Health First Pediatricians Dr. Sheila McLeod and Dr. Christine Witte Offer ‘Reach Out’ On Reading
By Space Coast Daily // September 8, 2023
part of a new partnership with the national nonprofit Reach Out and Read
Literacy a ‘major determinant’ of success for children, Pediatrician says. “They’re going to be, like, ‘Hey, can we go to the doctor and get a book?’ … and not just remember the shots,” patients’ mother says.
BREVARD COOUNTY, FLORIDA – A dentist’s appointment almost always closes with the happy handoff of a take-home bag – sample-sized toothpaste, small spool of floss and a brand-new toothbrush. Physicians don’t typically keep such a stock of goodies, but at one office, that’s changing.
Health First Pediatricians Sheila McLeod, MD, and Christine Witte, MD, onboarded a few shelves of new books for ages birth to 5 years. There’s “Goodnight Moon,” “Zoo Babies,” “Clifford Barks!,” “How Many Are There?,” “Smile!” and many more.
It’s part of a new partnership with the national nonprofit Reach Out and Read, an early childhood literacy advocacy group, and at Health First, it’s funded entirely by the Health First Foundation.
“What we’ve found in medicine is that improved literacy improves health outcomes overall, throughout every phase of life,” said Dr. McLeod.
She called literacy a “major determinant” of success for her patients and children everywhere. It’s critical that a child enter kindergarten at or beyond where they should be for reading, because continued success depends on it.
A Prescription to Read
That all of this is coming from a doctor in a medical setting is no accident. Here, a “patient is given a new book and a prescription to read,” the doctor says.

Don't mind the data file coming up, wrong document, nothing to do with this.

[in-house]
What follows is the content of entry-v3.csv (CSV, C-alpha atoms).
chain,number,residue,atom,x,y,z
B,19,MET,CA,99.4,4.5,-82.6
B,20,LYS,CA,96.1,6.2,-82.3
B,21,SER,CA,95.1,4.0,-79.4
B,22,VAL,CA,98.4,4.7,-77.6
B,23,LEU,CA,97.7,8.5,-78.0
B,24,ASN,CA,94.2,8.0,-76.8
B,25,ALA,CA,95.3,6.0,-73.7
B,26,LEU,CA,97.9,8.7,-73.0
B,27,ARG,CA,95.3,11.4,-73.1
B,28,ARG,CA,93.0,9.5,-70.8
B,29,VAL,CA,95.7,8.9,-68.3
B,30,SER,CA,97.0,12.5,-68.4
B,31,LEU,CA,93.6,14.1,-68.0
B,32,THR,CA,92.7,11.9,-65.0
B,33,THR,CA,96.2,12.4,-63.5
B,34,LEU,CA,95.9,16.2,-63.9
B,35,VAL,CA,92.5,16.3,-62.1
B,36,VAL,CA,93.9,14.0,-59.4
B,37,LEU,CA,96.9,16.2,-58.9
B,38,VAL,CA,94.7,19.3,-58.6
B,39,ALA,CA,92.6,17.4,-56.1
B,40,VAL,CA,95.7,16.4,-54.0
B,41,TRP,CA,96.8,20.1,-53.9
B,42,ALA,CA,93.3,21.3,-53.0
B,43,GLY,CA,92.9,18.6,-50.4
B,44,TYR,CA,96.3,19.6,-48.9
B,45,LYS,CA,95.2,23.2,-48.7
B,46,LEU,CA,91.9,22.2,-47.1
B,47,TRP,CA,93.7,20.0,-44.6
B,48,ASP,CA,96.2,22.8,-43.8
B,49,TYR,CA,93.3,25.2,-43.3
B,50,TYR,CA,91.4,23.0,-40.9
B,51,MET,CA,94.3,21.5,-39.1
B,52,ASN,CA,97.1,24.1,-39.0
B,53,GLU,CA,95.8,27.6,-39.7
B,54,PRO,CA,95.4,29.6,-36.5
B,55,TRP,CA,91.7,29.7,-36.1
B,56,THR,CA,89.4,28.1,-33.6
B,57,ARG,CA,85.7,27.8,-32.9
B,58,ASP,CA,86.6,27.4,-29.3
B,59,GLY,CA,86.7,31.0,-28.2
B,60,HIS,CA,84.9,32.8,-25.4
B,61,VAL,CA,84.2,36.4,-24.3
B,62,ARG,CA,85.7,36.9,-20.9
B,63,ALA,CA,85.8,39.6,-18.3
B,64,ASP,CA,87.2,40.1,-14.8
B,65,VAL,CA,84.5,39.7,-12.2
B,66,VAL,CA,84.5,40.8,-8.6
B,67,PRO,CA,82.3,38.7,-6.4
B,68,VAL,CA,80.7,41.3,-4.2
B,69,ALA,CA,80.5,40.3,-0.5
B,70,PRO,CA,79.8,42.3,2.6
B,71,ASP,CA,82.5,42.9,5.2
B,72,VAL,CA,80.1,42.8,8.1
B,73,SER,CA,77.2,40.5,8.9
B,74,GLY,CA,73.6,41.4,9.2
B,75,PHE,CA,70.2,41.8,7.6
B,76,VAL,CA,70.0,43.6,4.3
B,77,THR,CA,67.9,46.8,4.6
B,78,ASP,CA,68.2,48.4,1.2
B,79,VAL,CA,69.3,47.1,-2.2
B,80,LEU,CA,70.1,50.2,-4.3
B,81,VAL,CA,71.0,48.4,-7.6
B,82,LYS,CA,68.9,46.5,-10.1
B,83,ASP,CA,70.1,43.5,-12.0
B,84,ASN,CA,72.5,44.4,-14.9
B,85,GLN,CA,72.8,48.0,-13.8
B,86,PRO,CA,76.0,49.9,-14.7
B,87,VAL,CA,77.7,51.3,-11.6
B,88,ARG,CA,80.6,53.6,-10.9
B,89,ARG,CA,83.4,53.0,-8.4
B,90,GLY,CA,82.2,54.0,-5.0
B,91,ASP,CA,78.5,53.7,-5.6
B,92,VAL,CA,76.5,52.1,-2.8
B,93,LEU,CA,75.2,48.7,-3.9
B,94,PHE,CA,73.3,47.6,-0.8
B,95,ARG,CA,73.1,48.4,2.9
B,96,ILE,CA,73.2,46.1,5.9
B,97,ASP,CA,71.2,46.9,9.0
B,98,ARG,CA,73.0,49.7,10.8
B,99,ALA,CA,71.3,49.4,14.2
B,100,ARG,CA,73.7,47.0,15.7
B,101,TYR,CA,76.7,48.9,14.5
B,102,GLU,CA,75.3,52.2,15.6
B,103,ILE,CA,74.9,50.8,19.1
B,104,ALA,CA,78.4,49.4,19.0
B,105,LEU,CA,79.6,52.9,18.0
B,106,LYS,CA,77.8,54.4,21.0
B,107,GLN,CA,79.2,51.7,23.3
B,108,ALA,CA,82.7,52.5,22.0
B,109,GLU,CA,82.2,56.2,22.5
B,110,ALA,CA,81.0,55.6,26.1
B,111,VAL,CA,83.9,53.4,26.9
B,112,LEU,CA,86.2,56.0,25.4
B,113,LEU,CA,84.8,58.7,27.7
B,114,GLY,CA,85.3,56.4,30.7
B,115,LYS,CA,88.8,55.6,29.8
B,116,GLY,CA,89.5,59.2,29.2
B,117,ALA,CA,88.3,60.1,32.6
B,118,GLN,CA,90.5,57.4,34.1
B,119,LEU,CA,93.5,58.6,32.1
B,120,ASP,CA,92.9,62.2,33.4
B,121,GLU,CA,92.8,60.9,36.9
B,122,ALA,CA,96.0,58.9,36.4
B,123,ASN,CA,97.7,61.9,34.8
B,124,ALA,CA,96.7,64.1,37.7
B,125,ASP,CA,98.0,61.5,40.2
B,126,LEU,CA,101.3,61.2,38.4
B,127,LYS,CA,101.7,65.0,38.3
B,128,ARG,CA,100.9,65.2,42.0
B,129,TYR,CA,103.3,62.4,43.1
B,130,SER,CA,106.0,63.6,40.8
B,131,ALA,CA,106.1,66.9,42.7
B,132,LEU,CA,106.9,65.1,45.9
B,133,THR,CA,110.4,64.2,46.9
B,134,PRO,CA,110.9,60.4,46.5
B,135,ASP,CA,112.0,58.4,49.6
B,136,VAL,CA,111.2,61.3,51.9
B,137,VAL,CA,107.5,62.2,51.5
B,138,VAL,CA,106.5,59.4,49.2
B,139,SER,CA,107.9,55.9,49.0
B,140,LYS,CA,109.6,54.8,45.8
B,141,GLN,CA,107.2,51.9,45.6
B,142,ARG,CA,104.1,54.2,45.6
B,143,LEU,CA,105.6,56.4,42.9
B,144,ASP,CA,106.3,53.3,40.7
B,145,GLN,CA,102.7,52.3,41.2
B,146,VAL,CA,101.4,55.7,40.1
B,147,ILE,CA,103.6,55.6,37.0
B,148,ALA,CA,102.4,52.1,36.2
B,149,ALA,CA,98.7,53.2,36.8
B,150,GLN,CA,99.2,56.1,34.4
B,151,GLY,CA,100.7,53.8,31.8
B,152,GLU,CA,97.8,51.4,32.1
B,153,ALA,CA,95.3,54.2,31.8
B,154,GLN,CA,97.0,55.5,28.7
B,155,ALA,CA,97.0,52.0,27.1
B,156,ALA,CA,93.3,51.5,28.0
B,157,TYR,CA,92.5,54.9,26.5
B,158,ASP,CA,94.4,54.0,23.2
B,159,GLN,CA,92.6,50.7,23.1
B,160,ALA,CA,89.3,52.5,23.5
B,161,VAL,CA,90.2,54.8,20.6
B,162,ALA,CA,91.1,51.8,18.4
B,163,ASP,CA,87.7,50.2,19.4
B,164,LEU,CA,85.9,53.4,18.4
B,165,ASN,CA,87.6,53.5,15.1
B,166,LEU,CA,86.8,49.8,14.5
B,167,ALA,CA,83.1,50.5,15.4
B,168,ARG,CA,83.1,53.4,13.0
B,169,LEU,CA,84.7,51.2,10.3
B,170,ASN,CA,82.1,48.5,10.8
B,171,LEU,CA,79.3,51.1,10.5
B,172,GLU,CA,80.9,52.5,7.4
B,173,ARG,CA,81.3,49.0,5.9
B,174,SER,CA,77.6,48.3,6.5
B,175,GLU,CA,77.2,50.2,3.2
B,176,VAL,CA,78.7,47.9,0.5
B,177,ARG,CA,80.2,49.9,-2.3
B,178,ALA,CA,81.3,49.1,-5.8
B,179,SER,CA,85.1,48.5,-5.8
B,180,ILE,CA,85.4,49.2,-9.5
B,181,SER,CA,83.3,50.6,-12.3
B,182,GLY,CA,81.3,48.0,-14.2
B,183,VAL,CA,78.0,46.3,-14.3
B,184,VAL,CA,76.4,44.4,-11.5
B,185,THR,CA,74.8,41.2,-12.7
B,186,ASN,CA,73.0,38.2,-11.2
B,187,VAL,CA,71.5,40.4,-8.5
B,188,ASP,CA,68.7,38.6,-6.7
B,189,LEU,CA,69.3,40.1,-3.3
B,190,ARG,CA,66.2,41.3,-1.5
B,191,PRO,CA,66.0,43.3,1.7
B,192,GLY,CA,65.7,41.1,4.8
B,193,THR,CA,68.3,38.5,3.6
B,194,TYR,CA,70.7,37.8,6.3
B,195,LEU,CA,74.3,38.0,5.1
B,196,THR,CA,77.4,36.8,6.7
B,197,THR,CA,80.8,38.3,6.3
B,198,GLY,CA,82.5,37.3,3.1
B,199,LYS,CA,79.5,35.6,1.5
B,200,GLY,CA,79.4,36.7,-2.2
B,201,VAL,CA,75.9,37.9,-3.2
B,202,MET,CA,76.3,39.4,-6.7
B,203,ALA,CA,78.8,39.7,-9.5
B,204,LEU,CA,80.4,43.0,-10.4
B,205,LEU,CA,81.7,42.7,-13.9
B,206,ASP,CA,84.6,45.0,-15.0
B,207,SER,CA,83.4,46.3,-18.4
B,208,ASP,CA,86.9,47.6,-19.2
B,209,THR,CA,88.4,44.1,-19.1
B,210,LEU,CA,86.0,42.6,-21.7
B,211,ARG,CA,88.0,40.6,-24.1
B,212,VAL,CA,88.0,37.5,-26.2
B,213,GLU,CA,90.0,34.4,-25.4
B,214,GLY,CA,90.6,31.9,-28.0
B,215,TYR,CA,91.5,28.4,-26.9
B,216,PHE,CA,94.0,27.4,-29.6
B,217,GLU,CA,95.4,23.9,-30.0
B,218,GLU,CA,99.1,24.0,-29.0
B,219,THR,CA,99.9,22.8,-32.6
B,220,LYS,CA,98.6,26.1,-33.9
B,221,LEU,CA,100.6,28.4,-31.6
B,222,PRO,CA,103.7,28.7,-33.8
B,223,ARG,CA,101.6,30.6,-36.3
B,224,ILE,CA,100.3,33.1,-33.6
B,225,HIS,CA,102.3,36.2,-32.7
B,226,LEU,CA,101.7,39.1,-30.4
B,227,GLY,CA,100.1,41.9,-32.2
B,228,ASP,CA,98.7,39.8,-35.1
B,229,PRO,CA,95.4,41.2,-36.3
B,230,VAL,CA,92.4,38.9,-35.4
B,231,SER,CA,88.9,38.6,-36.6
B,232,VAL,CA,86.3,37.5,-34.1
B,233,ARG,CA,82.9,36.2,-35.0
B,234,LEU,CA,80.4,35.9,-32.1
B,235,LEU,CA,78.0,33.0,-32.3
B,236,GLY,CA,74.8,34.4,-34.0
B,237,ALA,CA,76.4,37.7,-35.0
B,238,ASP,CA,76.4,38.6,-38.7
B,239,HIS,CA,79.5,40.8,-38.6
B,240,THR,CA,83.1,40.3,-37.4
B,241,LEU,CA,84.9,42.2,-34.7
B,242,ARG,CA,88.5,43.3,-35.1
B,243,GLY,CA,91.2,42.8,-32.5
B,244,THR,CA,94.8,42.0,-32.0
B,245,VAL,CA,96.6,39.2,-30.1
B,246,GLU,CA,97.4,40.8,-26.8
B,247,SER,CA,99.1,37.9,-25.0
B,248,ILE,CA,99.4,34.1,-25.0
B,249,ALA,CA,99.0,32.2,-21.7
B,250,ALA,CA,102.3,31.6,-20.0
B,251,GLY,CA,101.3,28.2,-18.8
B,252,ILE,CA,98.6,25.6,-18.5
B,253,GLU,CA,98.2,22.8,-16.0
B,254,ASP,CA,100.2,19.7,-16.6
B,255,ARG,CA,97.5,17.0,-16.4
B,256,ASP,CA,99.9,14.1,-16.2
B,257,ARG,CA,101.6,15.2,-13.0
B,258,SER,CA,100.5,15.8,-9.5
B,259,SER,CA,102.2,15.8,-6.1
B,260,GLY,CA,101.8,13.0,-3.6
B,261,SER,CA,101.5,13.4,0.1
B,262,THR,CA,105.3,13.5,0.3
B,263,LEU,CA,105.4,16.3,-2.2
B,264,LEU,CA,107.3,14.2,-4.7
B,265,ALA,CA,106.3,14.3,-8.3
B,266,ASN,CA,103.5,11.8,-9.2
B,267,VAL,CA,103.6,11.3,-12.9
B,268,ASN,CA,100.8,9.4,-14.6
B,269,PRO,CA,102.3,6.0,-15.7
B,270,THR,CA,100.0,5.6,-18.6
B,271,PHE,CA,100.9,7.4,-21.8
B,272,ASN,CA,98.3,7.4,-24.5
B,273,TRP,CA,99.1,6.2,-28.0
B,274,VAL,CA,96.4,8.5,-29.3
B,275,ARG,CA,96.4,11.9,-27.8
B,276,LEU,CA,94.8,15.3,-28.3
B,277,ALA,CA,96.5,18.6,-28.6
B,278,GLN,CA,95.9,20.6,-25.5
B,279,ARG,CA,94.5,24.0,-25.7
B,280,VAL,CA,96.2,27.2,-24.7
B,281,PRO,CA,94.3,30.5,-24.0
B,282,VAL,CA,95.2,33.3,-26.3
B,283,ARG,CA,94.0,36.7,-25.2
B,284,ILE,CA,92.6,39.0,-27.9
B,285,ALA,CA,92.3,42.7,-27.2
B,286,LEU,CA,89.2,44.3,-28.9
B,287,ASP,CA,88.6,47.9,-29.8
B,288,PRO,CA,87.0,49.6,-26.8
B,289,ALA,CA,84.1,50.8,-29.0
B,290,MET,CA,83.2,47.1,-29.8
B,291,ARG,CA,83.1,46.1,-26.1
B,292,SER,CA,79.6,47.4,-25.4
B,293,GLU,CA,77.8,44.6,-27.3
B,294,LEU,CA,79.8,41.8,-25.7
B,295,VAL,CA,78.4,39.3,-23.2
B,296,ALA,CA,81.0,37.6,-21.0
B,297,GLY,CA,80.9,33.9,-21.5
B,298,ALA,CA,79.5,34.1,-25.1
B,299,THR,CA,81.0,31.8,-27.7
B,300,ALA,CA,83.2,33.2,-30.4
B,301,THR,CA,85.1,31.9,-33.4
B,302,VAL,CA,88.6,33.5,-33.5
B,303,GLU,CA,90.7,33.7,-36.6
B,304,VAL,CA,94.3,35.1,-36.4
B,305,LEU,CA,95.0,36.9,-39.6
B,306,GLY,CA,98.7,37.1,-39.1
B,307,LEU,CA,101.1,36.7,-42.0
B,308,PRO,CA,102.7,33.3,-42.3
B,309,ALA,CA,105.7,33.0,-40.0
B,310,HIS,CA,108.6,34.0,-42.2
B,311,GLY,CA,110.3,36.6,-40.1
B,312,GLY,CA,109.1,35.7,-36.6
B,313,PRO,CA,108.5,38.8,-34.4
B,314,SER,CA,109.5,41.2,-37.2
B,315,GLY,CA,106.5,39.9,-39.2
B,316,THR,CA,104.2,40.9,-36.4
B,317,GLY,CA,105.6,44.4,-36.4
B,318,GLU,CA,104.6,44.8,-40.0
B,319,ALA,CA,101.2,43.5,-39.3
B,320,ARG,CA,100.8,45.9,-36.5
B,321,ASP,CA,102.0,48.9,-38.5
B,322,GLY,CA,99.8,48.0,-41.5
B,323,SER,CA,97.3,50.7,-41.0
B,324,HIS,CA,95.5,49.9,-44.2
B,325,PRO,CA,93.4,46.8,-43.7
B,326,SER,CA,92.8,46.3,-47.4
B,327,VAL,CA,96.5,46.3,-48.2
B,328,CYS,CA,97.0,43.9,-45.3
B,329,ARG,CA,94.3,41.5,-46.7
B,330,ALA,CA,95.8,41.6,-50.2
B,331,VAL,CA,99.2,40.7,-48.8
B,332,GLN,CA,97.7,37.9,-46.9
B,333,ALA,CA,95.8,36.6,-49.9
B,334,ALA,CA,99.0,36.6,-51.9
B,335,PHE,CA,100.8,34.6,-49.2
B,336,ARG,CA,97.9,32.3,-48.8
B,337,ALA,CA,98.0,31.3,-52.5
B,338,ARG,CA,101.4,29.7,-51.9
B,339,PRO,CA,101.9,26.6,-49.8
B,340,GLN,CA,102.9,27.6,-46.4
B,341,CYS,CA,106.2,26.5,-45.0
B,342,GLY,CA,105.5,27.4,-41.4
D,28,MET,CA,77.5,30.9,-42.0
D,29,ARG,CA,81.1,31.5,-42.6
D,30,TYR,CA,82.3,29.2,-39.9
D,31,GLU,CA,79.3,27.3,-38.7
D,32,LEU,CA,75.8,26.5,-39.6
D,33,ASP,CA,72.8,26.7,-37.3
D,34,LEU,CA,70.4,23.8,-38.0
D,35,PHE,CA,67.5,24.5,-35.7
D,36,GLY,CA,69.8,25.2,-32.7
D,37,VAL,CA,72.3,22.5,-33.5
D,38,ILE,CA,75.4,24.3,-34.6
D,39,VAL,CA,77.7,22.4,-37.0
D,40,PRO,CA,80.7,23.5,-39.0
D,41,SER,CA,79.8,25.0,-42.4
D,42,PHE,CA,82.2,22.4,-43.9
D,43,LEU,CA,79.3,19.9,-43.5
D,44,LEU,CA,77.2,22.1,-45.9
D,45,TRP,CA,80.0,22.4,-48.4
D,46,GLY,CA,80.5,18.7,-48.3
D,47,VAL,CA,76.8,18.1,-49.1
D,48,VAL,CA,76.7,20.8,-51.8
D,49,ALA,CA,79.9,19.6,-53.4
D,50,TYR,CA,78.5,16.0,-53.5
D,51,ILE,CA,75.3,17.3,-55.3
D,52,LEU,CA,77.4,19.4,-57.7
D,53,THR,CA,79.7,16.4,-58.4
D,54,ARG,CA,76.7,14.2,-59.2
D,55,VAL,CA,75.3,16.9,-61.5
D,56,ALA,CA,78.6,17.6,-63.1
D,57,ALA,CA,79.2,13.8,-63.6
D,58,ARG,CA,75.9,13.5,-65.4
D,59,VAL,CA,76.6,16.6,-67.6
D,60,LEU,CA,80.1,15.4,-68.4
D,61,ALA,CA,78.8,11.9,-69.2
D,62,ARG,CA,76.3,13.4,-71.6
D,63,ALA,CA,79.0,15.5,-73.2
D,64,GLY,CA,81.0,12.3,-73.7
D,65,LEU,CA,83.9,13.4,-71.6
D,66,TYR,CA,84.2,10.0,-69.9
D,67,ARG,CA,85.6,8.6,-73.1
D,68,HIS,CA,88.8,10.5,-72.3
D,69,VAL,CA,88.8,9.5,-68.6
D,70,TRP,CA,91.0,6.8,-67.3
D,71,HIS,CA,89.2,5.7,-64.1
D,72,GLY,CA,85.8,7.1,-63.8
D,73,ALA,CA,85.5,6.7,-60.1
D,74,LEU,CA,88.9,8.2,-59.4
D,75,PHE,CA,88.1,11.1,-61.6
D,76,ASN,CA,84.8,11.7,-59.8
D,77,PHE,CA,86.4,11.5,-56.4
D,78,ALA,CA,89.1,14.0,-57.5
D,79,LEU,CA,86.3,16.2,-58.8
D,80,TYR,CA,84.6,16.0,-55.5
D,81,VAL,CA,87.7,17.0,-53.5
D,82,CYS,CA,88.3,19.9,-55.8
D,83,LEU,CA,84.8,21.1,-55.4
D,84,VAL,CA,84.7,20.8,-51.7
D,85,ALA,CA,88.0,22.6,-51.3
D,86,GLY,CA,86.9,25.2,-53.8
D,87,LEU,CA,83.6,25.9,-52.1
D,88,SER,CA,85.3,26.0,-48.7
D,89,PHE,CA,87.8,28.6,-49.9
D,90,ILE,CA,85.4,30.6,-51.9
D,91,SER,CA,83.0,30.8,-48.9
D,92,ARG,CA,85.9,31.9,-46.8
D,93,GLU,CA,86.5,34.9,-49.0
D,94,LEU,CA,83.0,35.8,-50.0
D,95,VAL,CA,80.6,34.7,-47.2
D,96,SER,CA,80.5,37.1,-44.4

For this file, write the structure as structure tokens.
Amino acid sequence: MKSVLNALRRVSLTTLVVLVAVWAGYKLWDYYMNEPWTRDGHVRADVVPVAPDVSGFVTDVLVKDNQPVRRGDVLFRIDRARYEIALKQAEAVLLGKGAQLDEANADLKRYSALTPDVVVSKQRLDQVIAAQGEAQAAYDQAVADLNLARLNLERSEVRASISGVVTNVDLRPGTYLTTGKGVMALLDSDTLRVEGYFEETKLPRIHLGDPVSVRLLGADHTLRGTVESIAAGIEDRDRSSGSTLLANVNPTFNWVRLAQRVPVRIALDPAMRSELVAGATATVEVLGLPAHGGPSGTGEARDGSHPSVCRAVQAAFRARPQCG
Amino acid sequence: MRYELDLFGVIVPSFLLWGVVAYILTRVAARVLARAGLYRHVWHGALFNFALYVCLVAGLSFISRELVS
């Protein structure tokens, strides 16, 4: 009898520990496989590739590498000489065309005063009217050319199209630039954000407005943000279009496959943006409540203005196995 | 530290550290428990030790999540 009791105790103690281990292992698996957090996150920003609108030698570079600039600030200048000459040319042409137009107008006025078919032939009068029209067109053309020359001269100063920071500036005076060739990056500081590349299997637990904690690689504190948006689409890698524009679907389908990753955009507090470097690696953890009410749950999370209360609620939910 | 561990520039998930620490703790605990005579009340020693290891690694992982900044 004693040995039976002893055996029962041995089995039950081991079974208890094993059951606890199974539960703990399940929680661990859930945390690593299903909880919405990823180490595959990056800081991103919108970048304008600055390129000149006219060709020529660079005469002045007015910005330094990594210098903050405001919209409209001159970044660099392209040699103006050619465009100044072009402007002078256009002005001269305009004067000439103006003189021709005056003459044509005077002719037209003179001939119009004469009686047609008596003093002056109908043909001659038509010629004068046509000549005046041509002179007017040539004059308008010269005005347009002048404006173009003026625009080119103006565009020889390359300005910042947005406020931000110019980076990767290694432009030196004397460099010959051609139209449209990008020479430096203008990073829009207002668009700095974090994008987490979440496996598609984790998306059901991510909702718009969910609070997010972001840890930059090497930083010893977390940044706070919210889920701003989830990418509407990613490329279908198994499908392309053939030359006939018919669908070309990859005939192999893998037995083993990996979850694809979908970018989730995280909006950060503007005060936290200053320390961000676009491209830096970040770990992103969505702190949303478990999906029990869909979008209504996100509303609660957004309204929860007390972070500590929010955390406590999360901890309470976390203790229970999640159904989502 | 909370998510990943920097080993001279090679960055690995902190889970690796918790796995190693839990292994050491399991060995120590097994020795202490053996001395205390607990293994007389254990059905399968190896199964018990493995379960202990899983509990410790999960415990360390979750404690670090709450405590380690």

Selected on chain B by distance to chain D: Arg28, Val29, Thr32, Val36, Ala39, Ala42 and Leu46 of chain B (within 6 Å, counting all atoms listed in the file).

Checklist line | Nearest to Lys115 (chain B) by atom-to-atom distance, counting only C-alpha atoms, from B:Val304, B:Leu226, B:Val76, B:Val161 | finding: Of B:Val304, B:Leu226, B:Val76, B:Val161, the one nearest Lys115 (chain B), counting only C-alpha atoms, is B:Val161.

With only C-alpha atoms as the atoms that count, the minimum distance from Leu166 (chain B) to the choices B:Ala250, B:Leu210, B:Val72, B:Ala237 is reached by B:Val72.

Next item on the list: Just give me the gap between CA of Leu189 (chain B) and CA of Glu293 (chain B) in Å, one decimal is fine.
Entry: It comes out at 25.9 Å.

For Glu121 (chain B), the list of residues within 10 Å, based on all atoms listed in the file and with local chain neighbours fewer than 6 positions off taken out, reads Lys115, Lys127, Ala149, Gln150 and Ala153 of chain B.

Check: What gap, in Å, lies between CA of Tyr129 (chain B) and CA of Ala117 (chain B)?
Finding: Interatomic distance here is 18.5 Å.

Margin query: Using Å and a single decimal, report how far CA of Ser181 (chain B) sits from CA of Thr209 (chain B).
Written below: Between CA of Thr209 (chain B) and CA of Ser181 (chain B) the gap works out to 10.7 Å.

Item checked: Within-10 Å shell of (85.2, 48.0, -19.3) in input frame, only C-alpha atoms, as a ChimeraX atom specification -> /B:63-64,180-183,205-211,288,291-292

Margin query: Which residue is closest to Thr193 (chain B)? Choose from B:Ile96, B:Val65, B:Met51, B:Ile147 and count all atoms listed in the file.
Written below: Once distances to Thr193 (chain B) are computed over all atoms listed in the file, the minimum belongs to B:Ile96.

Reach Out and Read (ROR) says the benefits of the effort are both plainly evident and research-backed.
The presence of books accompanied by a short explanation from a health authority made parents significantly more likely to read with their infants and young children, to do so daily, and to use books to engage with their baby or child, according to its research.
Results showed such children had higher receptive and expressive language scores and greater improvements in language scores.
Further, the program boasts a generationall effect – parents’ own attitudes and behavior toward reading are transformed. According to Reach Out and Read, more than 20 studies show families are 2.5 times as likely to enjoy reading together or to have books in the home. Parents increased their own weekly reading, and participating families demonstrated higher attendance rates for well visits at doctors’ offices.
A Connection That’s Special
On a morning earlier this month, Tammy Miller brought her twin 2-1/2-year-old boys in for a well check, and they picked out a book to read in the office while waiting, and then two new books to take home with them.
“This is very important, especially in this day and age of screens,” she said.
The aim of literacy efforts with very young children is not to introduce sight reading but to practice the act of sitting with books, imagining a story unfolding, talking about what happens on a page and discerning the shapes and colors – even learning that a book opens and pages are to be turned sequentially. But books at the doctor’s office?
“Oh, yeah, it’s part of the experience now. They’re going to be, like, ‘Hey, can we go to the doctor and get a book?’ … and not just remember the shots!” Miller said.
When the boys were born, they spent time in the neonatal intensive care unit (NICU) at the hospital, and as part of a package of complimentary infant supplies, the family got books then, too.
“They’re really special to us because that was a hard time,” Miller remembers. “The very first books they got were from the hospital NICU, so that connection is special.”
Is she talking about the train book, one of the twins asked.
“Yes, that’s the train book,” she answered. “Now, we can tell all our friends that our doctor gives us books.”
To learn more about how the Health First Foundation supports efforts like this as well as helping people in need get life-saving care, visit HF.org/give.